The New Basics

After a few days away from thinking about teaching, I attended ISTE Tuesday just for the day. That was enough to get me going again. As I reflect on the dizzying array of options and messages I heard and saw there, I find myself having to filter down to what is most essential in thinking about my planning for next year. Those key elements are what I am calling the “new basics.” Embedded in all of these is the need for me to be in continuous conversation with students about their work. Feedback, feedback, feedback.

Beginning next week, I will be meeting with my colleagues to work on the core curriculum for next year in Modern World and then US History in August. I have learned so much in the past few months from my PLN and the sites and reading they have suggested. Now, it’s time to move it forward and share.

My first “new basic” is that students need to produce work for audiences other than me. They need to be sharing their work and using their peers as well as me to form their own PLN. I want my students to work through their ideas and process them on blogs, soliciting feedback, just like I am doing here. At the end of a significant project, there needs to be a way for them to share their projects and learn from one another. I would like these projects to be saved/archived in a more permanent way – not just a class presentation, although there is value in that as well. I want them to write and think for audiences beyond the walls of the classroom.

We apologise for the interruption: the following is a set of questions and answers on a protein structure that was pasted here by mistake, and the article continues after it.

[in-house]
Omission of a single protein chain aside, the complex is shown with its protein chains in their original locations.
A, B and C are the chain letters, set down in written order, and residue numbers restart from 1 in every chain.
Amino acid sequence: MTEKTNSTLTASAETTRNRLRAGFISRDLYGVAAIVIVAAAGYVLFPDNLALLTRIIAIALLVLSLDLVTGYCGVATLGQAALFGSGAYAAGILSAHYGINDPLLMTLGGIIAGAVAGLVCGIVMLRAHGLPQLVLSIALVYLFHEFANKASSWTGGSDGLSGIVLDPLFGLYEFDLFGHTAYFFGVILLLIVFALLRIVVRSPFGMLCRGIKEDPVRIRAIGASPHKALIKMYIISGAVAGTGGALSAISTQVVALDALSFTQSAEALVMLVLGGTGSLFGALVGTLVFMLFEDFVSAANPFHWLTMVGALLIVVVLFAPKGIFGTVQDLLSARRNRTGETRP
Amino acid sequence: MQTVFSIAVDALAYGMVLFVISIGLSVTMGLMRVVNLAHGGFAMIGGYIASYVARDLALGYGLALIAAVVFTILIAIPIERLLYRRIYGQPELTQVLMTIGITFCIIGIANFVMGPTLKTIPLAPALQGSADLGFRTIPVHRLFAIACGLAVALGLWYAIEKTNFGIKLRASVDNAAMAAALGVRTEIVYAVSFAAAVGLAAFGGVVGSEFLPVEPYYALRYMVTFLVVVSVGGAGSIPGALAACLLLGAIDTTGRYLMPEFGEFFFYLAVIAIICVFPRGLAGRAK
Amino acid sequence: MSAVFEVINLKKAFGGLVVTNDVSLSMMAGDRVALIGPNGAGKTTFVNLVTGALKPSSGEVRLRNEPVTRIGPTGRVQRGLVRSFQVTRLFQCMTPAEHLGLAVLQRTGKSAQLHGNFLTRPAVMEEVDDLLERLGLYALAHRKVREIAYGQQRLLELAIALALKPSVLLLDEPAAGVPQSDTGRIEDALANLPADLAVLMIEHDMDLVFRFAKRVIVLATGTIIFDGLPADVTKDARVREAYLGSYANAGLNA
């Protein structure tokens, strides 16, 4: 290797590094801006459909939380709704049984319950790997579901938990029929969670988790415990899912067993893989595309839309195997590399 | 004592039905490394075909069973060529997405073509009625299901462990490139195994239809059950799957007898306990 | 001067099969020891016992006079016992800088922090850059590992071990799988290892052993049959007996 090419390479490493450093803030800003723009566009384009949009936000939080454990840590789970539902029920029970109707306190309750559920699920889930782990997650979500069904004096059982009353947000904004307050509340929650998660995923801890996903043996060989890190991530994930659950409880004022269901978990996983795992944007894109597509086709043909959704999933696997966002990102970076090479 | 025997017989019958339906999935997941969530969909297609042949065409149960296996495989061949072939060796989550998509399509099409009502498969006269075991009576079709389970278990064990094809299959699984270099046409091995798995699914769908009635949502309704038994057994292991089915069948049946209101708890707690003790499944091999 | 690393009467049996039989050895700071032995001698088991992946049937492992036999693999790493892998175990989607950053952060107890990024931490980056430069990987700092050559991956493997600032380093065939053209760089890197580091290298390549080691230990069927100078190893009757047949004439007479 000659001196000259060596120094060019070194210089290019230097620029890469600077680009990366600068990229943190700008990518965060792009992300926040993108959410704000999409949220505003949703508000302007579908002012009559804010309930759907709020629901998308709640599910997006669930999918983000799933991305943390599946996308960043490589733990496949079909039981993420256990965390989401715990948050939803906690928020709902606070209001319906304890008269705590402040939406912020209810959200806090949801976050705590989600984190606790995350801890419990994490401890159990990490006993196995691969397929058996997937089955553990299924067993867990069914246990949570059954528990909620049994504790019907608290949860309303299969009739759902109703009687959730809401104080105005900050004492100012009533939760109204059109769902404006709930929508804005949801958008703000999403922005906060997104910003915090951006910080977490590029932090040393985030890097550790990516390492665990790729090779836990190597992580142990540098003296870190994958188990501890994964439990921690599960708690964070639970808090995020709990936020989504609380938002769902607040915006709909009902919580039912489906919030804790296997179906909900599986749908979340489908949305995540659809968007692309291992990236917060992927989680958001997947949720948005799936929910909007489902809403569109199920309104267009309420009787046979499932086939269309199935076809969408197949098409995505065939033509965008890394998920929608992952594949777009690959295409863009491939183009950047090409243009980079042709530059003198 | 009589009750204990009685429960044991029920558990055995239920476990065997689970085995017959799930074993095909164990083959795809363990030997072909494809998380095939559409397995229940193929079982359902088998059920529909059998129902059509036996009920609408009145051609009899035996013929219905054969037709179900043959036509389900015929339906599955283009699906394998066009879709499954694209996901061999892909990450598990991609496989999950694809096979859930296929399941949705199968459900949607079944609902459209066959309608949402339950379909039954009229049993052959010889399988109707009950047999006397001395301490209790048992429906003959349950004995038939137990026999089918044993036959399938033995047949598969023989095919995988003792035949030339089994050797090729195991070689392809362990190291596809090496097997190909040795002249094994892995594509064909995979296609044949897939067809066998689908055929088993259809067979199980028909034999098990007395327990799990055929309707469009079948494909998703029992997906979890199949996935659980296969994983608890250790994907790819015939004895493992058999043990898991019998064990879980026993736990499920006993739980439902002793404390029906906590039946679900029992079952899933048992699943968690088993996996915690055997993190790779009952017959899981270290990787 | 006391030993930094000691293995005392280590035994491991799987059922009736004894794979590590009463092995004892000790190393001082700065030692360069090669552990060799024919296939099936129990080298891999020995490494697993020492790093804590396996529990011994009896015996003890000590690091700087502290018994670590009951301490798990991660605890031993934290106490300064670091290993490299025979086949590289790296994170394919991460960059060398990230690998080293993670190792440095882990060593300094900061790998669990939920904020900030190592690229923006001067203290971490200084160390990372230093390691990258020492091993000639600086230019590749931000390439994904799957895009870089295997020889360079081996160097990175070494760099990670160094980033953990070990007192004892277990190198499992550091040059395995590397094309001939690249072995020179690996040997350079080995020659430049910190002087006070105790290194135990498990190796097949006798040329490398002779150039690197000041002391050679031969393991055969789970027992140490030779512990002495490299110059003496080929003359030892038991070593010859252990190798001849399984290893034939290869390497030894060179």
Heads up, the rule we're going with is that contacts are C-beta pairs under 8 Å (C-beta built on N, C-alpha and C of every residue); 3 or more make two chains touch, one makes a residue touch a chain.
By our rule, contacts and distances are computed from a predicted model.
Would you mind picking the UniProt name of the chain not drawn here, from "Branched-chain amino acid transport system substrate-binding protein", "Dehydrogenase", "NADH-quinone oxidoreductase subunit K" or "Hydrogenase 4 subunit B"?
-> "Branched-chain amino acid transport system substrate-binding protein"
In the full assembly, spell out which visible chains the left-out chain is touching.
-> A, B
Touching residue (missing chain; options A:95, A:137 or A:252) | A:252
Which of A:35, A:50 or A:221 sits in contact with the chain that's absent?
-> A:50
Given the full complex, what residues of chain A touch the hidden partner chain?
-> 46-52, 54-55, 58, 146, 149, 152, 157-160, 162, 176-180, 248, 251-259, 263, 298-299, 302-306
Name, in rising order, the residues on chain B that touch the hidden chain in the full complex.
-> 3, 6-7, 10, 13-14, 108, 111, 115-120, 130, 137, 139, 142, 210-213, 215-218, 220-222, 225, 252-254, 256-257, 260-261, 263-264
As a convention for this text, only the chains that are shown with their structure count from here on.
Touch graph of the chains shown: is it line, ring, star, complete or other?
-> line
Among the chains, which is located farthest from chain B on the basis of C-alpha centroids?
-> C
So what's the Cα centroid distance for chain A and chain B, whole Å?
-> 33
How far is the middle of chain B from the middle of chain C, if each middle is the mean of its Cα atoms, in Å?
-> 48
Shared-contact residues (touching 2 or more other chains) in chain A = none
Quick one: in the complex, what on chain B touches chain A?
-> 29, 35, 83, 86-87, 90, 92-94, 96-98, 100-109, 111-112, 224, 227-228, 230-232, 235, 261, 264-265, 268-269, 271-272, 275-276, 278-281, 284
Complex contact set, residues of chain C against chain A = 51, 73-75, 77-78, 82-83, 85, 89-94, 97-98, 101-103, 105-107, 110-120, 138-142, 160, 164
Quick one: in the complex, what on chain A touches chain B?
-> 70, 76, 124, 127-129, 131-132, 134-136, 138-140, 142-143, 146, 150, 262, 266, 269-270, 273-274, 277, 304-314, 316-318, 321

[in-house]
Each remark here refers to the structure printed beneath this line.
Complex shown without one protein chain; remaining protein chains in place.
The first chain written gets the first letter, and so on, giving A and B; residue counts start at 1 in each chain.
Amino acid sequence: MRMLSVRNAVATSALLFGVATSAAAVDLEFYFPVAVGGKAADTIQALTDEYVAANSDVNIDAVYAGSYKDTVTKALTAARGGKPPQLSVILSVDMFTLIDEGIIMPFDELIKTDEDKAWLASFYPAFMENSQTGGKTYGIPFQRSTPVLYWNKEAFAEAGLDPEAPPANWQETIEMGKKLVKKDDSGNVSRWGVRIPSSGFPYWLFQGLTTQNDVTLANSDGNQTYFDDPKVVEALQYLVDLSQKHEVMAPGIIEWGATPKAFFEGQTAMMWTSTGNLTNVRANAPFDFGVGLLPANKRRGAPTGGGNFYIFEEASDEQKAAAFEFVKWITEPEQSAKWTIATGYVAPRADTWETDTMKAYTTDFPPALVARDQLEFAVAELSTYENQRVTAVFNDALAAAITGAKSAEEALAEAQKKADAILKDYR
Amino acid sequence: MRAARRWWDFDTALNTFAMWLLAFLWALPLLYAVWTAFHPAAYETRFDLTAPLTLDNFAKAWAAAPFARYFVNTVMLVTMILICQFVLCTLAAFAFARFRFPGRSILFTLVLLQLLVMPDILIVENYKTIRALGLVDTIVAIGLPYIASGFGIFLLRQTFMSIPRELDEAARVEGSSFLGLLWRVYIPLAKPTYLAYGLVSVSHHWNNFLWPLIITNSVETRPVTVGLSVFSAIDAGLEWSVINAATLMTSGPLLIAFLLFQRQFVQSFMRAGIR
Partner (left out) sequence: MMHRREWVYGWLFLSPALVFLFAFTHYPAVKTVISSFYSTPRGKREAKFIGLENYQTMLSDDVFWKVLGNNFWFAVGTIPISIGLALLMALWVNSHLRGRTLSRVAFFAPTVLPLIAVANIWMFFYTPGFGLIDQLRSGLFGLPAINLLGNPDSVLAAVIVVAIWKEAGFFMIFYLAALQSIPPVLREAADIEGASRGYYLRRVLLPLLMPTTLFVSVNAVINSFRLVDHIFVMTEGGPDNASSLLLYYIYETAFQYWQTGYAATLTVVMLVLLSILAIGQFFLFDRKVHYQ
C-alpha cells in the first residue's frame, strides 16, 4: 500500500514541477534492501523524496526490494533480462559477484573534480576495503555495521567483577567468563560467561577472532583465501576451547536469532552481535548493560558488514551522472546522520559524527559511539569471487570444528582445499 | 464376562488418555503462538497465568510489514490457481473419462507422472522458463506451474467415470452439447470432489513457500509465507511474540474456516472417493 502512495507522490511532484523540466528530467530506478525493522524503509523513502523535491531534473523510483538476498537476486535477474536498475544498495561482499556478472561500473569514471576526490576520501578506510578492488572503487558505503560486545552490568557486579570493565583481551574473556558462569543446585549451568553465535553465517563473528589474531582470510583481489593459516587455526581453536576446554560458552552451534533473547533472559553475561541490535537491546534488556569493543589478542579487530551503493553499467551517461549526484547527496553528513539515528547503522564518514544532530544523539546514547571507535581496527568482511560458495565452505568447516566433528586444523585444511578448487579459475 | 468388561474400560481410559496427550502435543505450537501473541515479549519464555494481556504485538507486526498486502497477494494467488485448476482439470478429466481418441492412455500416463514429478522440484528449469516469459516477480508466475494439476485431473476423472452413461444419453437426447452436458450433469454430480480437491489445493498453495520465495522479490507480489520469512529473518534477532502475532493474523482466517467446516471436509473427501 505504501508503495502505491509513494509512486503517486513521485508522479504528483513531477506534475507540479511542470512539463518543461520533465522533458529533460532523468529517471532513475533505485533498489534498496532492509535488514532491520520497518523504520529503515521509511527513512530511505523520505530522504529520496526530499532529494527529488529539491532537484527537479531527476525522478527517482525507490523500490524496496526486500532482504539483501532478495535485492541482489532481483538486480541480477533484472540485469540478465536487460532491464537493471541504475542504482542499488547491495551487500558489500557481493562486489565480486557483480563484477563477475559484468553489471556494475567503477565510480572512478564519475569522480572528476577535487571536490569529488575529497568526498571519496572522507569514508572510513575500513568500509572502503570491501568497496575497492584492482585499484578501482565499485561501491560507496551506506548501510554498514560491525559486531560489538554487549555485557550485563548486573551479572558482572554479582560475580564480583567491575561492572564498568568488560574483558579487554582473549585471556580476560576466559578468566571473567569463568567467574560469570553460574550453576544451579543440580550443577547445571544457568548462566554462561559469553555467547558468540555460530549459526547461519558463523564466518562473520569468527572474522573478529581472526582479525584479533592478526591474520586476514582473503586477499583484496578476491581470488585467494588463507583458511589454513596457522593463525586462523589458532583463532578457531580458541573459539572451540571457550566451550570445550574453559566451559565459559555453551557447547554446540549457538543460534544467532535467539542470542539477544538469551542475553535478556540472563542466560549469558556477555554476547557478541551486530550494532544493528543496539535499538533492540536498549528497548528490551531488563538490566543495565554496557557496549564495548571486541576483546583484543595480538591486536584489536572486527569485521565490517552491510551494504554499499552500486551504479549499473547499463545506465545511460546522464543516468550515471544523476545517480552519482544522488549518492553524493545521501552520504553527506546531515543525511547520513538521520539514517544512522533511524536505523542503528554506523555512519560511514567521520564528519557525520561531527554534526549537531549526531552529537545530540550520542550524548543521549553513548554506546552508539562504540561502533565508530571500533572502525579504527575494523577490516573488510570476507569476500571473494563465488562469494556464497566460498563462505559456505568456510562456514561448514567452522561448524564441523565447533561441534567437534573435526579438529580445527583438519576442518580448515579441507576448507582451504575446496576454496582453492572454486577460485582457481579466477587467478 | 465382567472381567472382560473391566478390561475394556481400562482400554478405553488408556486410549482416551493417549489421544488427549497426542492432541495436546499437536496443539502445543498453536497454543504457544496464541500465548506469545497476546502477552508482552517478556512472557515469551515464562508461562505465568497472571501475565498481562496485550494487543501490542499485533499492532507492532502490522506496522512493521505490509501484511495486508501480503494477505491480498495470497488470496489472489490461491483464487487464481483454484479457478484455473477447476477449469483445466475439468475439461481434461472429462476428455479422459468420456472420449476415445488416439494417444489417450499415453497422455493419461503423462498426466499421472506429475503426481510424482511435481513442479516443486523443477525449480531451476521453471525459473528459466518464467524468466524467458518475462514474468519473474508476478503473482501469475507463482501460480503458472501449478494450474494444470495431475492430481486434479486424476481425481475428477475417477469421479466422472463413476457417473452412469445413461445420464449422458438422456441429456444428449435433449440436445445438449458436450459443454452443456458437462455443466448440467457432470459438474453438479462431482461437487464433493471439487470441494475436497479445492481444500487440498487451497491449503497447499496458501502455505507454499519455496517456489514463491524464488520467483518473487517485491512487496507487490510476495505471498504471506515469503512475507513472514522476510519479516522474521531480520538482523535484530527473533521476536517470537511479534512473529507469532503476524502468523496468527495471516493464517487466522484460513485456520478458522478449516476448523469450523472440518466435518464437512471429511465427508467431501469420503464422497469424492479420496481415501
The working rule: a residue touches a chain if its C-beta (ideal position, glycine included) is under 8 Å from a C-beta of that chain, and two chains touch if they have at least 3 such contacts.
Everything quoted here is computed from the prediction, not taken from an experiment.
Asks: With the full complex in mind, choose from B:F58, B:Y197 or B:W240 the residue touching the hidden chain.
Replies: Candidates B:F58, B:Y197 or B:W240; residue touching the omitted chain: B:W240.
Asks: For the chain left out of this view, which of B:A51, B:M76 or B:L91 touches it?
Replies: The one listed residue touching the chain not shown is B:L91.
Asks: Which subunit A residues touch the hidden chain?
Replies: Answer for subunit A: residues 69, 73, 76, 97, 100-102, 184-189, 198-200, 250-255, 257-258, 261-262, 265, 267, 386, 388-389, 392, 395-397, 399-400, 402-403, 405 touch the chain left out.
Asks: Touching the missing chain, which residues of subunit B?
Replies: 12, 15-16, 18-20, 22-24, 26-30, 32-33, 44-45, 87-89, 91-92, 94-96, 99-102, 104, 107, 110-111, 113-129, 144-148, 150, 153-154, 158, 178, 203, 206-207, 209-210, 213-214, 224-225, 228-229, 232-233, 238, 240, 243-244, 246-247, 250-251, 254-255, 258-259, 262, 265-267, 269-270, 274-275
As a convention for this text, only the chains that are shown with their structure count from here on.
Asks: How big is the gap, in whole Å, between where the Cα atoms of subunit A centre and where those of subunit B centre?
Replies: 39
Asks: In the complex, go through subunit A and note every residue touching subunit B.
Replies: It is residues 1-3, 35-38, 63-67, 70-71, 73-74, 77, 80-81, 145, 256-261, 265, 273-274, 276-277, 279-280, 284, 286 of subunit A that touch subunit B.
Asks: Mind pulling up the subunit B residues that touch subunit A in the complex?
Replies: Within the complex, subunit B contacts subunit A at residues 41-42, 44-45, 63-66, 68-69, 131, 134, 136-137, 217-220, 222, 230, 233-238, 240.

The need to share with others brings me to my next “new basic.” Students need to be able to write different products for different audiences. The way one writes a blog is different from a short essay, which is also different from a longer, formal research paper. They should be able to produce quality Tweets as well as strong analytical papers. To that end, I would like to find a way to encourage the use of social media, like Twitter, as well as blogging, without ridding my curriculum of the formal essay and research paper. Clear writing and clear thinking go together. Knowing the purpose and audience for a piece of writing is essential.

My third “new basic” is about forming a partnership with my students in terms of content. I need to pay more attention to where students want to go within the bounds of my curriculum but with limits. I need to find ways to honor student interests. Free Fridays and portfolios are easy options, but there may be more ways to do it in daily discussion. At the same time, I still think there is room for my guidance since I know more of the rest of the story, and I can point out at any given time that students may want to pay attention to something because it will come back later. That is why I will include discussion of what happens to the Ottoman Empire at the end of WWI, even though students tend to gravitate to the story surrounding Germany. They may know the Nazis are coming and see the connection, but I need for them to understand how the end of WWI in the Middle East helps to explain what is going on there today.

My fourth “new basic” is that students need to be able to construct a story or craft an analysis by drawing information from a variety of sources. I need for them to think and act like good historians. To me that’s really the only way for them to experience history as a construction. I can tell them different interpretations of the same event, and discuss historiography, but having them do it themselves is much more powerful.

All of these take time to develop. I need to keep telling myself it is worth it. I am reading Brain Rules by John Medina. He uses the analogy of force feeding geese to make foie gras. The process is pretty awful. I don’t want to do that with my students. It is counterproductive. Because I have said it does not mean that anyone has learned it. I need to keep reminding myself of that.

What are your “new basics”?